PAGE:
The National Shooting Sports Foundation (NSSF) and seven gun manufacturing companies announced at a Washington, DC, press conference on April 26 the filing of a suit the same day in federal court against Secretary of Housing and Urban Development (HUD) Andrew Cuomo, New York Attorney General Eliot Spitzer, Connecticut Attorney General Richard Blumenthal and the mayors and other officials of 14 municipalities, charging them with an illegal conspiracy in restraint of trade and in violation of the Commerce Clause of the US Constitution.
The seven gun companies joining NSSF in the suit are Beretta USA, Browning Arms, Colts Manufacturing, Glock Inc., SIGarms, Sturm, Ruger and Company, and Taurus International all of whom sell to law enforcement.
"The lawsuit arises from a politically-motivated scheme in which these bureaucrats have sought to bully law enforcement professionals into buying handguns based not on the quality or safety of the product, but on capitulation by the manufacturer to a regulatory agenda concocted by these officials," Robert Delfay, president of the NSSF, said at the National Press Club.
"We are here to expose a plan that brazenly places political self-interest above police and citizen safety," he said.
"Defendants Cuomo, Spitzer and others, through their individual and collective actions, are using tactics that some observers have characterized as financial extortion to force lawful, responsible manufacturers into knuckling under to their proposal for national gun control," Delfay said.
"These local officials have tried everything from litigation to economic extortion to compel compliance on a national level with their own individual ideas about gun design, ownership and distribution," Delfay said.
"That is wrong by any measure of law, ethics or fairness. Our democratic process is being perverted, the power vested in our elected leaders is being ignored and the Constitution is being trampled upon by HUD Secretary Cuomo and other defendants who have formed an improper alliance with a band of lawyers to sue us into submission."
The suit by NSSF and the firearms manufacturers was filed in federal district court in Atlanta, in part because the city of Atlanta, one of the defendants, has passed a resolution to only purchase firearms from manufacturers that follow the agreement sponsored by Cuomo. Another reason for filing in Atlanta is that Cuomo phoned to threaten Glock, which is located in the Atlanta suburb of Smyrna, GA, with economic damage if Glock did not accept the terms of the agreement HUD had engineered with Smith & Wesson in March.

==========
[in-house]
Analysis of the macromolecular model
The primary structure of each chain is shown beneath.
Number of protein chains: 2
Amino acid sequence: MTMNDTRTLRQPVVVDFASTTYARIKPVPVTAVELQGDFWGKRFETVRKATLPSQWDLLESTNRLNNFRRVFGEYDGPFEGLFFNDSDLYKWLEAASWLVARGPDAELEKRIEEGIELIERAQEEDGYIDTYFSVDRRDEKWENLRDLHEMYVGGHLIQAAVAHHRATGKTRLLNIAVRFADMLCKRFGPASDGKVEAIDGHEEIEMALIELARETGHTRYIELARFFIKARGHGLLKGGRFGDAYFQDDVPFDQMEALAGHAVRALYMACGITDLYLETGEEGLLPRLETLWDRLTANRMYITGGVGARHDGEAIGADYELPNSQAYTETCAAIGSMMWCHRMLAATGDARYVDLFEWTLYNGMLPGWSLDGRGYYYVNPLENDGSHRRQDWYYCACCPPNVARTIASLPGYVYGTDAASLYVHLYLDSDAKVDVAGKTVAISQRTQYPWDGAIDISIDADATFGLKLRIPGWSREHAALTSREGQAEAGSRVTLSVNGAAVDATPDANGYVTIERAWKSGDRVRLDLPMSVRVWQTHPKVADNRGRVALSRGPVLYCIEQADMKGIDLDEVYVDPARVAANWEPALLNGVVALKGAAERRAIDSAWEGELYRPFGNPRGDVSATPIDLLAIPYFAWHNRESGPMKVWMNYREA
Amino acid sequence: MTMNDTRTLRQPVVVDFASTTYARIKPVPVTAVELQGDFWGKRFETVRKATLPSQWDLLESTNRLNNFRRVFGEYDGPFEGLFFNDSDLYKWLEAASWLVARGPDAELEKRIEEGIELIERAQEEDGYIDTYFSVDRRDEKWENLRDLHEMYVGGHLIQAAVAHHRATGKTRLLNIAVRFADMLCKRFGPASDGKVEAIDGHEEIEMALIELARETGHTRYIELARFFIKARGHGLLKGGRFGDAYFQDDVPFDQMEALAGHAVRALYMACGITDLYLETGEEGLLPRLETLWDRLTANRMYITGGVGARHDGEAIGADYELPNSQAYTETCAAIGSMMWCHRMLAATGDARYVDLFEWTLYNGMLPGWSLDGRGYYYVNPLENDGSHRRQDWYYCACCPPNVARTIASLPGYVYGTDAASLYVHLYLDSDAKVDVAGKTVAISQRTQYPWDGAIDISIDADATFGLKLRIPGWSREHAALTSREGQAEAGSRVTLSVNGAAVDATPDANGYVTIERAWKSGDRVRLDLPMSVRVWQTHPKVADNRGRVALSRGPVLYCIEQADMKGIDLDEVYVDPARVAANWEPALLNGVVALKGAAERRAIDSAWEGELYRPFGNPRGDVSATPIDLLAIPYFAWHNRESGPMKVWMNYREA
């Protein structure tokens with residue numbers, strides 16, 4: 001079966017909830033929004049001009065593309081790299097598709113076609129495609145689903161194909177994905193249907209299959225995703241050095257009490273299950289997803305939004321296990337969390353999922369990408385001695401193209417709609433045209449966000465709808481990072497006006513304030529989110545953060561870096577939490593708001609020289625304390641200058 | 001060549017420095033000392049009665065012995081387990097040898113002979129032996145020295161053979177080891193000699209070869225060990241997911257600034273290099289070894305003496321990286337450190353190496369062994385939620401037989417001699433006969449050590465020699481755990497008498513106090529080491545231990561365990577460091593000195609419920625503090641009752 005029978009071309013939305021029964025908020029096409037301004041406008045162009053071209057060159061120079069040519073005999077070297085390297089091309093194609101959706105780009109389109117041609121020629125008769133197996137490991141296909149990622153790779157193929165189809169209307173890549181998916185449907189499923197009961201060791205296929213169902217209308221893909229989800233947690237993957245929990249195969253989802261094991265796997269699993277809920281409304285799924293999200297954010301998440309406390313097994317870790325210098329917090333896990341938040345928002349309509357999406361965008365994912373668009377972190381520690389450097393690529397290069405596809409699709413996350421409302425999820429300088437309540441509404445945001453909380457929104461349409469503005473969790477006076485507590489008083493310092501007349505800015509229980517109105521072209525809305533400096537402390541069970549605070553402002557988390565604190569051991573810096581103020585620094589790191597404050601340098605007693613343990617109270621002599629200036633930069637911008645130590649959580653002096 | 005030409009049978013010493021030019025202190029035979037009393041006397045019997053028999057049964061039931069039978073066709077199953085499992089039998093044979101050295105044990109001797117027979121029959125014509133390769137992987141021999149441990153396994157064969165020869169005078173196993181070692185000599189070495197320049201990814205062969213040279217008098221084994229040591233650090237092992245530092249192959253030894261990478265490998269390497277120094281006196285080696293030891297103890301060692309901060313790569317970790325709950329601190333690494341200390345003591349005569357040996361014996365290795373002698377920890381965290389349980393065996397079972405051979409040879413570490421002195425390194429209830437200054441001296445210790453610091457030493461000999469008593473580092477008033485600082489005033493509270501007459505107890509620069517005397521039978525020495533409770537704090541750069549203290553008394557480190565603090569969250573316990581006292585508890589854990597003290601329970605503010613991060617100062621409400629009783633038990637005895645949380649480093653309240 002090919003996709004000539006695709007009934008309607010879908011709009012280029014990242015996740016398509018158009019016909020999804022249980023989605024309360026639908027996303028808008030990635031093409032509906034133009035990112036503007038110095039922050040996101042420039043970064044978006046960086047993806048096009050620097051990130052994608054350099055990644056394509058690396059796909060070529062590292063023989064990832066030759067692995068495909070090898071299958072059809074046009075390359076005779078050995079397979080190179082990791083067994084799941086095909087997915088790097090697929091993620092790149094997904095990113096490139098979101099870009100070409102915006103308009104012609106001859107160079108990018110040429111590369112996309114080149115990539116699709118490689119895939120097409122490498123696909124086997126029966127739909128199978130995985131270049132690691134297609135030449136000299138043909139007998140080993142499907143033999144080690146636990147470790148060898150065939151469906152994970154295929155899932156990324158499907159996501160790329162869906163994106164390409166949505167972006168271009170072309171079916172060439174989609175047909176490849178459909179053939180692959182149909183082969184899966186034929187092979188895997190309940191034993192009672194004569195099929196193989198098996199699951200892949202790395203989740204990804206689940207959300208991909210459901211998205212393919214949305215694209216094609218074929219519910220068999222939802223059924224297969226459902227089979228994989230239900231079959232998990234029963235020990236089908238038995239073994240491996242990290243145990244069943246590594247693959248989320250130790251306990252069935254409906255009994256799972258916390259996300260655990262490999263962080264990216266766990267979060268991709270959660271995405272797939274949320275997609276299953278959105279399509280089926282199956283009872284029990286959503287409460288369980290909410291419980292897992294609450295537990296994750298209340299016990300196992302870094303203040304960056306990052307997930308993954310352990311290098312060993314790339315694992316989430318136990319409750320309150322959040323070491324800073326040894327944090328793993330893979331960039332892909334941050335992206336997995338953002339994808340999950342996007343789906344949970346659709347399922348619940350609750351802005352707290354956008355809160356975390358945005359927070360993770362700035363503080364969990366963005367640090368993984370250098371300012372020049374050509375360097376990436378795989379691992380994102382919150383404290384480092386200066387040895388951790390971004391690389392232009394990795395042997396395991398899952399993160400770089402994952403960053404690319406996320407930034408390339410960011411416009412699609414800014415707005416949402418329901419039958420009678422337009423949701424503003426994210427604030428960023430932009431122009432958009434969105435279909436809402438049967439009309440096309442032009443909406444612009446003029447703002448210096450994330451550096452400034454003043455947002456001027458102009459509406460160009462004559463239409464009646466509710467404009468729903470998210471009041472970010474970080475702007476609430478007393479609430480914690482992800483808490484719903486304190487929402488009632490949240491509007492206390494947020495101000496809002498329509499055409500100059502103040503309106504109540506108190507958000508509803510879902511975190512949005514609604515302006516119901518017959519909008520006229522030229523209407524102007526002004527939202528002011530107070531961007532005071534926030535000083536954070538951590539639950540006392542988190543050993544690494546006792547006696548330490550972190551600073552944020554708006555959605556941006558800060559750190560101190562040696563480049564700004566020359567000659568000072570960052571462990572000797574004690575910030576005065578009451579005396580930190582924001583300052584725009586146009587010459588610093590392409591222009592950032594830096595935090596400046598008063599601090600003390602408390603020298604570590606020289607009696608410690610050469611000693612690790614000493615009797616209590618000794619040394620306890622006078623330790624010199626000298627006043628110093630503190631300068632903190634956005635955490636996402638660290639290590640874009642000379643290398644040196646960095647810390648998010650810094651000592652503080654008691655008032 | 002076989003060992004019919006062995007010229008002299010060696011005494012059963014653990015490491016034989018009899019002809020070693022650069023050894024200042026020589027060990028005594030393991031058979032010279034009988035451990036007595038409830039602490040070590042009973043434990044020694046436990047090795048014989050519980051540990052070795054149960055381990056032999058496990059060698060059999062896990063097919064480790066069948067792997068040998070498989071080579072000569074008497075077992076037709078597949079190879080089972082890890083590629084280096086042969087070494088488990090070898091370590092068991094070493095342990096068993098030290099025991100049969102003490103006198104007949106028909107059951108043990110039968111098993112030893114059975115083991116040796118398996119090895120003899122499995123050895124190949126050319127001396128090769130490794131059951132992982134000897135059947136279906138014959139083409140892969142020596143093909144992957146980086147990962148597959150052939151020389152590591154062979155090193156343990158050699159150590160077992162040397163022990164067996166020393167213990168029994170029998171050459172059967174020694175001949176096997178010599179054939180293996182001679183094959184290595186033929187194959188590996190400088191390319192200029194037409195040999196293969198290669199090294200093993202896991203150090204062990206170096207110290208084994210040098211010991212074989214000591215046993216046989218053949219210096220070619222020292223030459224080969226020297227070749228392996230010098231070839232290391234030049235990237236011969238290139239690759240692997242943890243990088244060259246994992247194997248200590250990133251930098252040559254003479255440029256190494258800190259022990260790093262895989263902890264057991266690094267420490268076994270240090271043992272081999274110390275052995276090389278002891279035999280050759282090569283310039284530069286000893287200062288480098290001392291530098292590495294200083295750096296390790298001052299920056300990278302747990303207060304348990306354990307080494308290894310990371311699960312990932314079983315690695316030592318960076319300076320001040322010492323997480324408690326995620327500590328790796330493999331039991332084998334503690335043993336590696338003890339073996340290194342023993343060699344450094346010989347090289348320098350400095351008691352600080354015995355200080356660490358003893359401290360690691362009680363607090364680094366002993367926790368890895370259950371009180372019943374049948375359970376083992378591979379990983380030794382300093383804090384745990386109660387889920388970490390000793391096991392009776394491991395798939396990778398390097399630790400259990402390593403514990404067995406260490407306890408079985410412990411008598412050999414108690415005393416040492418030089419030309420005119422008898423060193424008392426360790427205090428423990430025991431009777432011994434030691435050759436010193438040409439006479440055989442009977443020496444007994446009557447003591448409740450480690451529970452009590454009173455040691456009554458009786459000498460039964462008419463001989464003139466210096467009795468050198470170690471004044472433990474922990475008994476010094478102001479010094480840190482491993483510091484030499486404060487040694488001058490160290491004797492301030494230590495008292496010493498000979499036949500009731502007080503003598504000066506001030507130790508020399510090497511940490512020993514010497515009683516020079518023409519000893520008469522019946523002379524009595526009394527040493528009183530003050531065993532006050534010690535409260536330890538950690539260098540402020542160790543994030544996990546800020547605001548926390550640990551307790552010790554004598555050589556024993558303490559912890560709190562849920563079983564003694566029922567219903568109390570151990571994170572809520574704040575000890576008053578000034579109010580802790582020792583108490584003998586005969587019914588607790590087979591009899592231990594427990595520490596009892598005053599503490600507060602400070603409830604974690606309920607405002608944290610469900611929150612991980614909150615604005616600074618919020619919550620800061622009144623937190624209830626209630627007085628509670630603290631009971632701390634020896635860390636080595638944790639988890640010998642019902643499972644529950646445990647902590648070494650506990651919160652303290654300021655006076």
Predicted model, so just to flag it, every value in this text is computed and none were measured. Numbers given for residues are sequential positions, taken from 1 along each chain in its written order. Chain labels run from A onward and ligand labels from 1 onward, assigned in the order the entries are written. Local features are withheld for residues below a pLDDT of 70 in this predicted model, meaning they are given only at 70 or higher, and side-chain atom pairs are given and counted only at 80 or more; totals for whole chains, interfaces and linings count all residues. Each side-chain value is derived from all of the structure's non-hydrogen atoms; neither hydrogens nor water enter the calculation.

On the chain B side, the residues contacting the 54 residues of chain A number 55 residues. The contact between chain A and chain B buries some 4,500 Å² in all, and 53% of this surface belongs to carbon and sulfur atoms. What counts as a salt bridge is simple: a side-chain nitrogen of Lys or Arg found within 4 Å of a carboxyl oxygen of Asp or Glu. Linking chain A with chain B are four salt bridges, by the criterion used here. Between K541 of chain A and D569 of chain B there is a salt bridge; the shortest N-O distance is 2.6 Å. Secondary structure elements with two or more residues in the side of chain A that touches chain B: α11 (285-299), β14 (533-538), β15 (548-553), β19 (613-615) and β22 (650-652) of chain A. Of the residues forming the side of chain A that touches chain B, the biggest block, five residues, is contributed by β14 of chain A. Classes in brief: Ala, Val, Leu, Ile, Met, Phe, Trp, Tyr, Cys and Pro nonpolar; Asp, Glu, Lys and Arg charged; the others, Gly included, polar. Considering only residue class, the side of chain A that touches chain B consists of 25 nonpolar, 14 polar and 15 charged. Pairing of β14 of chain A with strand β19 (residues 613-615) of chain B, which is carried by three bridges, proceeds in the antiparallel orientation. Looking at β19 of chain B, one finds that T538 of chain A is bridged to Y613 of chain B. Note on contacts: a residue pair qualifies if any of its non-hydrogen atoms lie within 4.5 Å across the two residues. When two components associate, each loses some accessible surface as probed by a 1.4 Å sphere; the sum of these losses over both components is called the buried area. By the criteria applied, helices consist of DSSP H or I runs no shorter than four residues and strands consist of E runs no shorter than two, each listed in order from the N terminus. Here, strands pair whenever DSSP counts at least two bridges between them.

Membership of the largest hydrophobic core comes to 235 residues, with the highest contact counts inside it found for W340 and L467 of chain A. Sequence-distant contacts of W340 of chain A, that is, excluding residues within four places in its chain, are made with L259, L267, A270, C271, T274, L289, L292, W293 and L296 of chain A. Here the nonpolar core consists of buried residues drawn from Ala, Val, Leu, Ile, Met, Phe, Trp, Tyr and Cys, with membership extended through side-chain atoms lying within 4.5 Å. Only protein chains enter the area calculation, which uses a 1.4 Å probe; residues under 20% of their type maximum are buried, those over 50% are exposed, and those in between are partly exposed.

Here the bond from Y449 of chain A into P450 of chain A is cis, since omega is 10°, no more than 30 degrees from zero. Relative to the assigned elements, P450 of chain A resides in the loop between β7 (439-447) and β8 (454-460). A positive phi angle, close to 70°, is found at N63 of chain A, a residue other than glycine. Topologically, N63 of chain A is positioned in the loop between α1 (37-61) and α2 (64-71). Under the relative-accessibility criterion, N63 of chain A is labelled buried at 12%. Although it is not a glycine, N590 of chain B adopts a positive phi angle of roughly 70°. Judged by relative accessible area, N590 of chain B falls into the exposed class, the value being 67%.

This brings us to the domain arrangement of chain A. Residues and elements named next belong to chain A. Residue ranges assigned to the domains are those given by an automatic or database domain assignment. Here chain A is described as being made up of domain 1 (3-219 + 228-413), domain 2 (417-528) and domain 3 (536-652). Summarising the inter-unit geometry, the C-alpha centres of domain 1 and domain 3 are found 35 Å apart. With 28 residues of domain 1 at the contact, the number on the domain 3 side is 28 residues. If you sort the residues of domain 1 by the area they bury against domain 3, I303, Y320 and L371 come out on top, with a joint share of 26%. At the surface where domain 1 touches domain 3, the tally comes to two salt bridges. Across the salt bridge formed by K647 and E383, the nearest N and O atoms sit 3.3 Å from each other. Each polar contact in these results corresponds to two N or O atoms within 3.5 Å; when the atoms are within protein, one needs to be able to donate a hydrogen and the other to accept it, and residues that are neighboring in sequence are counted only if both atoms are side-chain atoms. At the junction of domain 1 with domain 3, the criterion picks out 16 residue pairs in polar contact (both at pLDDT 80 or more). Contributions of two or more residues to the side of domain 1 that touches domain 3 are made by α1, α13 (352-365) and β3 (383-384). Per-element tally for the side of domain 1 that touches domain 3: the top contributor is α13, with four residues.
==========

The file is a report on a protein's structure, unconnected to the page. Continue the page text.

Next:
Delfay detailed at the press briefing how Spitzer, Cuomo and the mayors were trespassing on the role of Congress, overriding many of the 20,000 state and federal gun laws governing firearms by using unconstitutional purchasing schemes to force the companies to turn over control of the issues and their basic corporate management to a committee of politicians and lawyers.
"The campaign of Cuomo, Spitzer and others may make good sound bites," Delfay said, "but it makes very bad public policy. It means that law enforcement professionals can no longer select and purchase the best firearm for their particular situationbut can only obtain those that have the politically correct stamp of Cuomo, Spitzer and their trial lawyer allies."
Delfay quoted the 65,000-member Law Enforcement Alliance of America (LEAA) with stating that "Law enforcement officers should not be used as political pawns," and the 288,000 member Fraternal Order of Police (FOP) with writing, "The top concern of a law enforcement agency purchasing firearms is officer safety, not adherence to a particular political philosophy."
Delfay focused on the hypocrisy of linking the agreement to gun locks when every single one of the companies already supplies gun locks. He also noted that no one had suggested that the guns dont function as advertised and no one has suggested that the companies had done anything illegal. "Only that they have had the conviction to stand firm in the face of an illegal barrage by a cartel of ambitious politicians and their trial lawyers," Delfay added.
"This is not about locks on guns or even gun safety. This is about Eliot Spitzer telling a homeowner in Iowa what gun he or she can buy, from whom and how," Delfay said, focusing on the interstate commerce issue.
During the press briefing, Delfay introduced George Link, chief coordinating counsel from the law firm of Brobeck, Phleger and Harrison, which is handling the case. Before Delfay and the attorney fielded questions, Link summarized key aspects of the lawsuit.
Link explained that the Complaint alleges that the imposition of the "Code of Conduct" violates the US Constitution for a number of reasons. Among these he listed:
The Complaint alleges five separate claims for relief.
The complaint seeks injunctive and declaratory relief.
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